The Volley

Is it ever right for animals to suffer?

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By Andrew Linzey and Adrian Morrison
Sunday, December 27, 2009

Andrew Linzey:

Whenever the matter of animal suffering comes up, a colleague of mine invariably responds, "This is an emotional subject."

In one sense, of course, he's right. The way we treat animals arouses strong emotions. People feel passionately, for instance, about how we make animals suffer for food, science and sport. But that wasn't what my colleague meant. He was suggesting that the entire subject was a matter of emotion rather than reason -- that there can be no rational grounds for concerning ourselves with the current treatment of animals. I think the boot is on the other foot. Despite 30 years' thinking and writing about animal ethics, only recently have I grasped that the rational case for protecting animals is stronger than even I had supposed.

Consider the oft-cited differences between humans and animals, the very differences that many claim make human suffering more important than that of animals. By nature or divine providence, animals are naturally subject to humans. They are nonrational. They have no language. Animals are not moral agents, and they have no immortal soul.

Assume, for the sake of argument, that all these differences are true. Given that we know that mammals (at least) are all capable of suffering, the question is: Do any of these differences make animal suffering less deserving of our moral solicitude?

It is difficult to see how. That God or nature has made animals subject to our power cannot justify unjust treatment unless one believes that God is unjust, or that power is its own justification. The absence of a language or moral agency cannot justify indifference to animal suffering unless we take the same view of infants. Similarly, would not the absence of an immortal soul mean that we should express more care, not less, to those whose misfortunes will not be recompensed by heavenly bliss?

The only morally relevant difference might be rationality, insofar as it enables one to anticipate further suffering. Perhaps some animals are spared an anticipation of particular harms, or of death itself. But even then, it is not clear that the suffering of nonrational beings is less morally significant.

Consider the suffering of a nonhuman primate -- a chimpanzee or a gorilla -- in captivity. Unlike humans, who can understand the reasons for their captivity, this creature cannot rationalize his predicament. Rather, he experiences the terror of imprisonment without any softening of the experience that comes from intellectual comprehension. And, since an animal's very life depends upon the acuity of its senses, the denial of liberty to a free-ranging creature constitutes a severe deprivation.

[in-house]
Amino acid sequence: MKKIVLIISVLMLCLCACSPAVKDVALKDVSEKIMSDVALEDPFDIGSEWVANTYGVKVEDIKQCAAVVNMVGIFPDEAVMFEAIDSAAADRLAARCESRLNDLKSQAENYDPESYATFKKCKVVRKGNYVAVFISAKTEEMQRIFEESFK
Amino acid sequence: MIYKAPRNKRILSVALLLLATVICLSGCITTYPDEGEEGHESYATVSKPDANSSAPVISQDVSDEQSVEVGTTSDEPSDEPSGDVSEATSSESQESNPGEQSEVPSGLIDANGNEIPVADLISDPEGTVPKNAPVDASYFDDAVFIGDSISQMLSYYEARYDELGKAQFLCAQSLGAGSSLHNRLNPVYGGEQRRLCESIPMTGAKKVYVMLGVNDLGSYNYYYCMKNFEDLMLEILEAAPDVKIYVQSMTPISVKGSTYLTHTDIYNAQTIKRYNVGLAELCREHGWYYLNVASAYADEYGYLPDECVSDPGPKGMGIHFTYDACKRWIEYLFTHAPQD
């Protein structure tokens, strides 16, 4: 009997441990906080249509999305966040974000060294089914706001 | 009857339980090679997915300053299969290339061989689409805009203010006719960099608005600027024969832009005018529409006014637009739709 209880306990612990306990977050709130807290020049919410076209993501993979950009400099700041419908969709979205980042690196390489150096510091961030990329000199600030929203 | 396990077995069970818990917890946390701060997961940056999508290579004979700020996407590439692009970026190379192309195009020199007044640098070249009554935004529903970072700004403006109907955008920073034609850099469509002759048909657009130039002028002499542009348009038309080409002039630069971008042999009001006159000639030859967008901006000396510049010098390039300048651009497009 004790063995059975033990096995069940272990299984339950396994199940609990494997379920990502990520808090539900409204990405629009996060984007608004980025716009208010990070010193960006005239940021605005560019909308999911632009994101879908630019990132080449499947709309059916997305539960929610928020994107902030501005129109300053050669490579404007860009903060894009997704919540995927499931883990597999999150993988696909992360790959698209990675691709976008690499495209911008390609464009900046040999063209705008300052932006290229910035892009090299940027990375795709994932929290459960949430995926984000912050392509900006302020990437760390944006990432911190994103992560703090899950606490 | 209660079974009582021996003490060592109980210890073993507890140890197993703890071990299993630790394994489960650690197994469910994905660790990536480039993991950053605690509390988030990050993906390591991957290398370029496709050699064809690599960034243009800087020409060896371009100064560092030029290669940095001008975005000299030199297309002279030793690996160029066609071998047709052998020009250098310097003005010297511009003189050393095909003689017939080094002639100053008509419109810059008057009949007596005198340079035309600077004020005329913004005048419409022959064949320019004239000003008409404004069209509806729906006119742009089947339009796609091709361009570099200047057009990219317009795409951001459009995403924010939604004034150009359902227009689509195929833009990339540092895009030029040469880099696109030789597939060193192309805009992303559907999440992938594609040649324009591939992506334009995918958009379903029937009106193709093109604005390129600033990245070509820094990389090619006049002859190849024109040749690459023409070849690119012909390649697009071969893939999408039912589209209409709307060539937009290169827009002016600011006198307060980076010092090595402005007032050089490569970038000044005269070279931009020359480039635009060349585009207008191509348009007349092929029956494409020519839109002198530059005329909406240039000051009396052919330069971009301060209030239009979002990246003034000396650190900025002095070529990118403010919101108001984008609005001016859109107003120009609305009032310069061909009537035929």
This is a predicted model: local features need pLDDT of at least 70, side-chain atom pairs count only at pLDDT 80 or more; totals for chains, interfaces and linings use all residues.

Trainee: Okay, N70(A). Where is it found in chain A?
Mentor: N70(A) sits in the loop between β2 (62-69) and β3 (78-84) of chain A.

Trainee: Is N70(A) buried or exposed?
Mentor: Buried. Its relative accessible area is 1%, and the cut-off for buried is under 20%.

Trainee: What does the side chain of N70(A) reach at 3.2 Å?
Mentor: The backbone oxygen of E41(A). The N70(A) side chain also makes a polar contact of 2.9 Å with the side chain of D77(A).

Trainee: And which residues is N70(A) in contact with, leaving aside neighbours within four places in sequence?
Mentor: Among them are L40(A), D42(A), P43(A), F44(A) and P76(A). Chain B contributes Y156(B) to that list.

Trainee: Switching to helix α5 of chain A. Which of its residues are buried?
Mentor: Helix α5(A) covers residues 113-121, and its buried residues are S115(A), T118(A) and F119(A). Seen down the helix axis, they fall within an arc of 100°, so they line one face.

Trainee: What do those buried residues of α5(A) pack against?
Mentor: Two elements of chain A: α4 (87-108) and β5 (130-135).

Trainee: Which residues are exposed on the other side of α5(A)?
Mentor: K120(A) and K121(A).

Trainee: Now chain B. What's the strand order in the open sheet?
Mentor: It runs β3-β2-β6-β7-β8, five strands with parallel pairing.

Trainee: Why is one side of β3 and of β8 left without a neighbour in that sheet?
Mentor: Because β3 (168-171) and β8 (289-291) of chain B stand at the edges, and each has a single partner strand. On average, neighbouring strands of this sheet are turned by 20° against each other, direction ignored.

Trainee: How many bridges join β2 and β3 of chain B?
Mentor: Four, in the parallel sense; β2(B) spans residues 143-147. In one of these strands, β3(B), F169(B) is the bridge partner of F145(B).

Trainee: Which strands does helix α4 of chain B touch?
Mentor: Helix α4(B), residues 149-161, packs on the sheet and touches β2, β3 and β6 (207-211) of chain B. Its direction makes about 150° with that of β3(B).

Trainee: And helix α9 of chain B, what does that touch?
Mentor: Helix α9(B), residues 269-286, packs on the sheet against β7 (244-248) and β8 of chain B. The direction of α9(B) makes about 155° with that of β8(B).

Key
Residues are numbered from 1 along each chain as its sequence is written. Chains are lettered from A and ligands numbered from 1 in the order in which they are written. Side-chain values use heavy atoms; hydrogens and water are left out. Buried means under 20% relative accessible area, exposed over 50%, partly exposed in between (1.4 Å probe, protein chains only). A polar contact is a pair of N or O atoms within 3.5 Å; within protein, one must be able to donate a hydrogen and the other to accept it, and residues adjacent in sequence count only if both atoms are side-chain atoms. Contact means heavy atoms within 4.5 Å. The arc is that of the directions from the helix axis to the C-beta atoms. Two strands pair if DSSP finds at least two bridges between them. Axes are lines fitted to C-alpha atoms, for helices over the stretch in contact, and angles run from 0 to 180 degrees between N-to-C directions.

Seen in a different light, then, these differences make concern for animal suffering rationally compelling: Animals can't represent or vocalize their case, cannot give or withhold consent, cannot comprehend, are morally innocent or blameless and, not least of all, are largely vulnerable and defenseless.

What compels our strong response to the suffering of children, specifically infants? The reasons are surely that they are innocent, unable to represent themselves and utterly in our power. This rational case for children should logically include animals as well.

In short, human suffering should not stand as a unique source of moral concern.

Response by Adrian Morrison

Animal suffering certainly matters to us, and of course it is worthy of "rational" discussion. That is why we respond to it with laws against cruelty and devise standards for their care when animals are used for biomedical research and modern agriculture. That we do so is one of the defining features separating us from animals, one more important than our possession of language. No other being can be held accountable for its actions in a court of law. No animal, even the very intelligent chimpanzee, will concern itself for my welfare should I become a helpless old man; yet we are enjoined to provide for those animals in our charge.

I originally trained as a veterinarian with the goal of becoming a general practitioner and curing animals of various ailments. While in veterinary school, though, I developed a great interest in the nervous system, a shift in my studies that would require me to harm and even kill animals -- under strict guidelines -- in the interests of medical and veterinary science.


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